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Initial characterization of a Syap1 knock-out mouse and distribution of Syap1 in mouse brain and cultured motoneurons

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ABSTRACT

Synapse-associated protein 1 (Syap1/BSTA) is the mammalian homologue of Sap47 (synapse-associated protein of 47 kDa) in Drosophila. Sap47 mutant larvae show reduced short-term synaptic plasticity and a defect in associative behavioral plasticity. In cultured adipocytes, Syap1 functions as part of a complex that phosphorylates protein kinase Bα/Akt1 (Akt1) at Ser473 and promotes differentiation. The role of Syap1 in the vertebrate nervous system is unknown. Here, we generated a Syap1 knock-out mouse and show that lack of Syap1 is compatible with viability and fertility. Adult knock-out mice show no overt defects in brain morphology. In wild-type brain, Syap1 is found widely distributed in synaptic neuropil, notably in regions rich in glutamatergic synapses, but also in perinuclear structures associated with the Golgi apparatus of specific groups of neuronal cell bodies. In cultured motoneurons, Syap1 is located in axons and growth cones and is enriched in a perinuclear region partially overlapping with Golgi markers. We studied in detail the influence of Syap1 knockdown and knockout on structure and development of these cells. Importantly, Syap1 knockout does not affect motoneuron survival or axon growth. Unexpectedly, neither knockdown nor knockout of Syap1 in cultured motoneurons is associated with reduced Ser473 or Thr308 phosphorylation of Akt. Our findings demonstrate a widespread expression of Syap1 in the mouse central nervous system with regionally specific distribution patterns as illustrated in particular for olfactory bulb, hippocampus, and cerebellum.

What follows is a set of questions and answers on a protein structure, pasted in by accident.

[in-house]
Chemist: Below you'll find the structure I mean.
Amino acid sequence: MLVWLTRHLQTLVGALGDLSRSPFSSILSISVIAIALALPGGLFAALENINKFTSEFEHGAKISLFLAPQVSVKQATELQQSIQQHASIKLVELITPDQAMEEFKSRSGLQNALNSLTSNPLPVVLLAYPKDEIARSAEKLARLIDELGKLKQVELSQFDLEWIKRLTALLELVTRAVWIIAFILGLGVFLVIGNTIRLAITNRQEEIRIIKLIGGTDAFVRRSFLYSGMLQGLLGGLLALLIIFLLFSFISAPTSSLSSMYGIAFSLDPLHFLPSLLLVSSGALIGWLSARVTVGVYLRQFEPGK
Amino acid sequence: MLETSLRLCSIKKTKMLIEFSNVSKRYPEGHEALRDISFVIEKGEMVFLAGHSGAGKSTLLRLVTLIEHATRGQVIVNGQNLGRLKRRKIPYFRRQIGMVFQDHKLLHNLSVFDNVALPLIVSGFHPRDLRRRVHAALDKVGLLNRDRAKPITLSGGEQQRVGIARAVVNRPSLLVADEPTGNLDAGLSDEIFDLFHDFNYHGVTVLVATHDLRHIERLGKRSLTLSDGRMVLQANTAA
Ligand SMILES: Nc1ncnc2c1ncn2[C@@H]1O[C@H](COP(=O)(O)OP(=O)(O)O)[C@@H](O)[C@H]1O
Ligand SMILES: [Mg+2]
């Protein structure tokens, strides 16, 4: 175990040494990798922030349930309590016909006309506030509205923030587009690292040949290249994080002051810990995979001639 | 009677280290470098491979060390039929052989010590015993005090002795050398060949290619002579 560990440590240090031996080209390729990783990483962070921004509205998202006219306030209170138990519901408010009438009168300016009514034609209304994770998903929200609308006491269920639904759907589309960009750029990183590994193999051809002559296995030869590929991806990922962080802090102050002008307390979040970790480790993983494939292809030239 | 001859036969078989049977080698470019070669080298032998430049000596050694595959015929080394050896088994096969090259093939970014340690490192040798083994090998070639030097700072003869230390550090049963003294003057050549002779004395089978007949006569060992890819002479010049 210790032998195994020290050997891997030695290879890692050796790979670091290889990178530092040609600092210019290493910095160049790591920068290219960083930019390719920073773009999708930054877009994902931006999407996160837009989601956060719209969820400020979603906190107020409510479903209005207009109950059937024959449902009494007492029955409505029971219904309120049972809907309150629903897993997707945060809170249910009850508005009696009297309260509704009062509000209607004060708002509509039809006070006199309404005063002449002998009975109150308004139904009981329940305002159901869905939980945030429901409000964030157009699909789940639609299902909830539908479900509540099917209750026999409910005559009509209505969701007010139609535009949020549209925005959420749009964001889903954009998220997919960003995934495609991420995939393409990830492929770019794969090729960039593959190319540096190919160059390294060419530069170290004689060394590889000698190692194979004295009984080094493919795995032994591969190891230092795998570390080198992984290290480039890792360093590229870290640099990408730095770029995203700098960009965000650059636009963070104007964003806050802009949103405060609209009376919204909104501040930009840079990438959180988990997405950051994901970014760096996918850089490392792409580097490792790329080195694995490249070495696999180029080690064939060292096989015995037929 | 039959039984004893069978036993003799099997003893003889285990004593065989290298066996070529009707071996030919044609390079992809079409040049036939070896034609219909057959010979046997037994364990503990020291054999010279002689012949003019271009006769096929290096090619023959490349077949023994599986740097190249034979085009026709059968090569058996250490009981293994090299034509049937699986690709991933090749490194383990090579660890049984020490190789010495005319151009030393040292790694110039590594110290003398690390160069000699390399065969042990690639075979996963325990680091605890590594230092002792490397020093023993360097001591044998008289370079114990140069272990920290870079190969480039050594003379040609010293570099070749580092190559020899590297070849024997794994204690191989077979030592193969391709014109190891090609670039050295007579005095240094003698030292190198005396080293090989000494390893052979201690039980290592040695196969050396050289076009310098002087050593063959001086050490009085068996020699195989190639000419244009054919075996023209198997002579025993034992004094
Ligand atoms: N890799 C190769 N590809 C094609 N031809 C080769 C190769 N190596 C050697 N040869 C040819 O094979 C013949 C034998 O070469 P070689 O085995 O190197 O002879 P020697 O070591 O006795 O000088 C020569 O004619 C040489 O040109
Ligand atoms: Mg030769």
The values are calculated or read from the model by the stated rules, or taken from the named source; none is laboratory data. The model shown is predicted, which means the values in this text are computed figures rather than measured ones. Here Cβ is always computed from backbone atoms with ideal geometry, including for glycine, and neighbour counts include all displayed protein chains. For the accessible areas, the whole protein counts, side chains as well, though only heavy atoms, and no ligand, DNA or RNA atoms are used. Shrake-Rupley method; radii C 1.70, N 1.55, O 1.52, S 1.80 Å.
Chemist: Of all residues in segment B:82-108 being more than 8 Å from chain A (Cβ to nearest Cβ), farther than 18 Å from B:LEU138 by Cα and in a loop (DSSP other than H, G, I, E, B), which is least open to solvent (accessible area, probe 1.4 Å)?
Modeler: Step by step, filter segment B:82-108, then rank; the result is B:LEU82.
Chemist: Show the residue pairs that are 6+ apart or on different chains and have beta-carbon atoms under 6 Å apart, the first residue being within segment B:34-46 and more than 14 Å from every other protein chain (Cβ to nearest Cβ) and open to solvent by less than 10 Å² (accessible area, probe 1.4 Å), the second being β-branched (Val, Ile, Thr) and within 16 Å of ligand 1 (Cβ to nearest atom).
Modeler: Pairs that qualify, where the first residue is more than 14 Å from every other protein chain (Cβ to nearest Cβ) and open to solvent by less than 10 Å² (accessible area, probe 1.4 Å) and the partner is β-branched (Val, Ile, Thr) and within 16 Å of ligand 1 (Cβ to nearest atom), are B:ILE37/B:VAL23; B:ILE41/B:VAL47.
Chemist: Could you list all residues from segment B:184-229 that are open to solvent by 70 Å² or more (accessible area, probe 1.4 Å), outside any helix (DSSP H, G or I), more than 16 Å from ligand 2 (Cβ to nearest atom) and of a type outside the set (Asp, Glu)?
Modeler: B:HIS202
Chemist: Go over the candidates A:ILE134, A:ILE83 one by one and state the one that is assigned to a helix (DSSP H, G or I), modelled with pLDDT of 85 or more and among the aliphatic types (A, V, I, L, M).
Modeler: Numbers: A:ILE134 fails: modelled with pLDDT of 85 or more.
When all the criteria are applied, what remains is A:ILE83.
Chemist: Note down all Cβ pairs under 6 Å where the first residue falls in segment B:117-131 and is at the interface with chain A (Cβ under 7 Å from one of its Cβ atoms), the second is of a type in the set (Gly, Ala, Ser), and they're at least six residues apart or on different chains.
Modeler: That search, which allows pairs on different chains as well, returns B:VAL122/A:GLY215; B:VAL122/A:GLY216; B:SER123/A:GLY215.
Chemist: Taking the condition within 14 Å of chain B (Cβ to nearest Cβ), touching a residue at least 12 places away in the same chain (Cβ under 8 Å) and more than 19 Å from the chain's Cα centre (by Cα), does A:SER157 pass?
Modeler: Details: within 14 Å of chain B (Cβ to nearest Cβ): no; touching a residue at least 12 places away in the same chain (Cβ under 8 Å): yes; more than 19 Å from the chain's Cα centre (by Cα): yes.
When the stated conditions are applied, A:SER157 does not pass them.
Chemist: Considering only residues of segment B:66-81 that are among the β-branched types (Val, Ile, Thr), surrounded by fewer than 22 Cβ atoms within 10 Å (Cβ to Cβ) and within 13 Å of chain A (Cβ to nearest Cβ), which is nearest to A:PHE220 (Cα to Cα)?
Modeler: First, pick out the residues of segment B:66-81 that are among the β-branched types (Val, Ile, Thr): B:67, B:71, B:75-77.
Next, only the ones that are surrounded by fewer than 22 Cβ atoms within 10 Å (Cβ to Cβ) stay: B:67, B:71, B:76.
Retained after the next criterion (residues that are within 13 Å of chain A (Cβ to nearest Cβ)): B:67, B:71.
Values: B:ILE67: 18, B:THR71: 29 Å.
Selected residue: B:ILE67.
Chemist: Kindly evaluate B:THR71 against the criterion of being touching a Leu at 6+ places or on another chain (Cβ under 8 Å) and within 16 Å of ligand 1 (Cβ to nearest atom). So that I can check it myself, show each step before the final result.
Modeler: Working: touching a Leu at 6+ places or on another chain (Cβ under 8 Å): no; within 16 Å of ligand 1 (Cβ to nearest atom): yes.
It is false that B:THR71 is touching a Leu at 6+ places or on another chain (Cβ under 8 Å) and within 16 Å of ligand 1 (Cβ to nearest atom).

Electronic supplementary material: The online version of this article (doi:10.1007/s00418-016-1457-0) contains supplementary material, which is available to authorized users.

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Syap1 distribution in the hippocampus. a In wild-type sections, Syap1-specific immunofluorescence is present in general neuropil, high levels of Syap1-labeling are observed in CA2 perikarya (large arrowheads), and Syap1 immunoreactivity is also detectable to a weaker extent in CA1 or CA3 perikarya (small arrowheads), compared with knock-out sections (b, d). The infra- and suprapyramidal mossy fiber pathways arising from dentate gyrus granule cells show intense Syap1-specific immunoreactivity (arrows). Syap1 is also found in the stratum lucidum. (c, d) The enlargement of the CA2 region double stained with anti-Syap1 and GM130 demonstrates the association of perinuclear Syap1 with the Golgi apparatus of these cells. Hi, hilus; SG, stratum granulosum; SL, stratum lucidum; SLM, stratum lacunosum-moleculare; SM, stratum moleculare; SO, stratum oriens; SP, stratum pyramidale; SR, stratum radiatum. Scale bars 200 µm (a, b), 50 µm (c, d), 10 µm (inset in c)
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Fig6: Syap1 distribution in the hippocampus. a In wild-type sections, Syap1-specific immunofluorescence is present in general neuropil, high levels of Syap1-labeling are observed in CA2 perikarya (large arrowheads), and Syap1 immunoreactivity is also detectable to a weaker extent in CA1 or CA3 perikarya (small arrowheads), compared with knock-out sections (b, d). The infra- and suprapyramidal mossy fiber pathways arising from dentate gyrus granule cells show intense Syap1-specific immunoreactivity (arrows). Syap1 is also found in the stratum lucidum. (c, d) The enlargement of the CA2 region double stained with anti-Syap1 and GM130 demonstrates the association of perinuclear Syap1 with the Golgi apparatus of these cells. Hi, hilus; SG, stratum granulosum; SL, stratum lucidum; SLM, stratum lacunosum-moleculare; SM, stratum moleculare; SO, stratum oriens; SP, stratum pyramidale; SR, stratum radiatum. Scale bars 200 µm (a, b), 50 µm (c, d), 10 µm (inset in c)